Sadly, apart from finishing the shuttering and putting a small drain through it, this is a far as we got.
Gone to a good home
The sad demise of my trusty Honda TRX 350 kinda left a lump in my throat https://lifeattheendoftheroad.wordpress.com/2017/01/02/i-think-its-dead/ the whole family owed that Honda a huge debt of gratitude. My son had grown up driving it, it had been part of all my crazy renewable energy projects and had carried us home drunk from Torran after many a boozy sesh. Consequently I was loathe to send it to the knackers yard or leave it rotting in a corner of the croft. However during my search for a replacement I came across a wanted add on Gumtree.
Dead or alive
Something needing money spent on
Ideally honda big red or foreman
Kawasaki 4×4 klf
Mail me with any pictures an info
Well, I emailed Neil and said “have I got a winter project for you” I also sent him a link to the blog post and said “the only good thing on it is the rear tyres”. To my amazement this did not put Neil off and he made me on offer, which I turned down cos it was too much Not only that I said I’d deliver to Kintail as my mum’s not far from there and it would give my son and I a good excuse to visit, not that a devoted son should need one
True to form the indestructible Honda fired up first time and I just reversed it straight into his van, he was mightily impressed with both the quad and the ‘wee dug’ who leapt aboard as soon as the starter was pressed. Neil handed me a wad of cash and a fine single malt, I then gave him forty quid back. Sure I could have got much more money for it but it owes me sweet FA, I’ve had seven or so years hard labour out of it and was given the thing in the first place.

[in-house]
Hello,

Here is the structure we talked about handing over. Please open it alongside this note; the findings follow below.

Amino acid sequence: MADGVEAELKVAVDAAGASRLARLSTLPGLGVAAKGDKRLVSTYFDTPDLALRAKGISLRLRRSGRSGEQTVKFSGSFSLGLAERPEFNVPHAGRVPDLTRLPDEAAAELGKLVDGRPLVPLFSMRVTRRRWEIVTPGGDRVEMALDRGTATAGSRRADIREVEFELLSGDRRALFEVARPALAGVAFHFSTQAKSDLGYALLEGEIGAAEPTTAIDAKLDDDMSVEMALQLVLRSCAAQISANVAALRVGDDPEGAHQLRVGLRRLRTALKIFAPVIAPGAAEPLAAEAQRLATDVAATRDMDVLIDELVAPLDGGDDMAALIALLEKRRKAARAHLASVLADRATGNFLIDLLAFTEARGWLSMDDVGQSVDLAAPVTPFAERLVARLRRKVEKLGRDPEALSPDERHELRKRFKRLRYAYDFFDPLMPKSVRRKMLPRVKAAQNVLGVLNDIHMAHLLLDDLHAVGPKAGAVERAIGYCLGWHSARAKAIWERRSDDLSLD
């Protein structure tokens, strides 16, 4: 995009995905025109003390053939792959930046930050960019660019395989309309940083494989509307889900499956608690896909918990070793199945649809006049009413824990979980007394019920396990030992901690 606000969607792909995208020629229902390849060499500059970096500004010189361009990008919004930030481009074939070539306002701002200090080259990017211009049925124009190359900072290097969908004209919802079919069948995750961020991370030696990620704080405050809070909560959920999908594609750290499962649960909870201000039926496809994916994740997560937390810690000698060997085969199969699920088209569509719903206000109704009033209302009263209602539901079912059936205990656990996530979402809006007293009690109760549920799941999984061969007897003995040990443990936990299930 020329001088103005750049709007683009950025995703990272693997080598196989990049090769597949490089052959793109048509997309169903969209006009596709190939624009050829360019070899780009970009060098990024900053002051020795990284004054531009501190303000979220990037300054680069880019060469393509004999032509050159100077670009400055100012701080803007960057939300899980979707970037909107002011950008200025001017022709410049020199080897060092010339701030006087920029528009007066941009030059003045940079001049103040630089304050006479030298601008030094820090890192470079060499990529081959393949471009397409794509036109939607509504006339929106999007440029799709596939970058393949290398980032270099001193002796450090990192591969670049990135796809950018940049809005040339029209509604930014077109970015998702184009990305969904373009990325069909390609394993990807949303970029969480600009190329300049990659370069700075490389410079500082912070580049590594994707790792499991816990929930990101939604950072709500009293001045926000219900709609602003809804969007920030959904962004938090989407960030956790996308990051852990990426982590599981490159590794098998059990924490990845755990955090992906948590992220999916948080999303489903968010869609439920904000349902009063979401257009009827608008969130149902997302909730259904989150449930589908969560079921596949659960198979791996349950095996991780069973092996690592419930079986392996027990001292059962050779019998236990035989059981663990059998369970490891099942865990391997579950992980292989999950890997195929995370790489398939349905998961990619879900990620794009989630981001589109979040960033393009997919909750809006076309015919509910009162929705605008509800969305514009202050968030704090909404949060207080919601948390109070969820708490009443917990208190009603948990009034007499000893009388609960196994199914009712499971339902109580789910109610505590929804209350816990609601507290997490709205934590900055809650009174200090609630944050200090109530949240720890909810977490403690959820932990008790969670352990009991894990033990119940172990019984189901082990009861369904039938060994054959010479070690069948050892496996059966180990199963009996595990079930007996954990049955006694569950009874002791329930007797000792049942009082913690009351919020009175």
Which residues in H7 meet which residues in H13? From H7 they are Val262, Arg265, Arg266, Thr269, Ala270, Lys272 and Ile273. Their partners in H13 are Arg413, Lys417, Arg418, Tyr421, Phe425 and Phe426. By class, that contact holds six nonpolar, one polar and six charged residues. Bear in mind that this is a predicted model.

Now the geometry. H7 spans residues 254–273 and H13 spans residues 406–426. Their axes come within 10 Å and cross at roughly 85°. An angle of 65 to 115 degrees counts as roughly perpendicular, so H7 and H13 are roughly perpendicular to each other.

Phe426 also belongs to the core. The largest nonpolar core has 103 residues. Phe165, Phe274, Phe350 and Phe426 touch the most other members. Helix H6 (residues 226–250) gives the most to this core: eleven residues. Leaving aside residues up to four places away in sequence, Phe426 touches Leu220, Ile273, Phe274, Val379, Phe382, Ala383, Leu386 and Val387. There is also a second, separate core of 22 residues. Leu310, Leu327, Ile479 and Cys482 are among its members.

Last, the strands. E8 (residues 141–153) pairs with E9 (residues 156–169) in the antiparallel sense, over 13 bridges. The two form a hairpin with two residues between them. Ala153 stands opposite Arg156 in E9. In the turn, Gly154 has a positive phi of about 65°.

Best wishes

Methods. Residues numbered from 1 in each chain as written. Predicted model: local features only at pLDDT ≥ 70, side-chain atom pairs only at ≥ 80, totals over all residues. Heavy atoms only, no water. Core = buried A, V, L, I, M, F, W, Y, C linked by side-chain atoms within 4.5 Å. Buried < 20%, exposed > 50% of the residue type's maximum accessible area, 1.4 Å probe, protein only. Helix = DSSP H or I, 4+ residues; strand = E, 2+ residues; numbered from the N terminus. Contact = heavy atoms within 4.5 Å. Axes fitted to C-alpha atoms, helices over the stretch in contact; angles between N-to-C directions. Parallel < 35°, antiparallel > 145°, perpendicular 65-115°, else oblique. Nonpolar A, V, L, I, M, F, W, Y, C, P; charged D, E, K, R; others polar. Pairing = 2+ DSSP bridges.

The bottle I’ve passed onto Bill and the cash, well, I’ll find a good home for that, ‘what comes around goes around’ as they say
Once we’d left a very happy Neil we went onto spend a good few hours at me Mammy’s doing we jobs.
The ‘Five sisters of Kintail’
and the fishing boat Te Bheag in Loch Duich.
Sunset, Glamaig and the Sound of Raasay on the way home.
Of course, as we had an empty trailer I filled it with old sheets of corrugated iron from the old roof on me Mums house.
The mushroom farm
Truth be know, it was the ‘mushroom farm’ that prevented me finishing the turbine base. This corrugated iron sheeting was a bit of a bonus and one of my things on the ‘to do’ list was just about to get ticked off.
When I built the ‘solar powered hen shed’ a few years ago I made a serious error, I painted the OSB with gloss paint to protect it from the weather. Now this was fine for a couple of years but gradually the water, driven by the gale force winds has found its way through the paint.
The resulting dampness on the inside has turned the OSB into a fabulous mushroom farm. The plan being to clad the outside with the old corrugated sheets from my mum’s house.
They kinda look a bit tatty and rusty but the rust is usually only on the last 6” or so and can be easily cut off.
Trust me, when it’s finished and painted it’ll look lovely.
I did actually get the whole side done before Monday was out but it was pitch black by the time I’d finished.
So that was it for the ‘rest period’, I finished work in 2016 and started back on a fine Tuesday evening. The forecast was carp for today with snow predicted so I set off early and did some DIY gritting on the way to work and the way back.
The council had at least left some decent salt piles at the side of the road after my son’s wee incident last year https://lifeattheendoftheroad.wordpress.com/2016/11/22/very-lucky-indeed/ .
However, I need not have bothered, for just two hours ago I saw the gritter’s flashing yellow beacons at the end of the road
Of course this inevitably means that it will not now snow or freeze!!!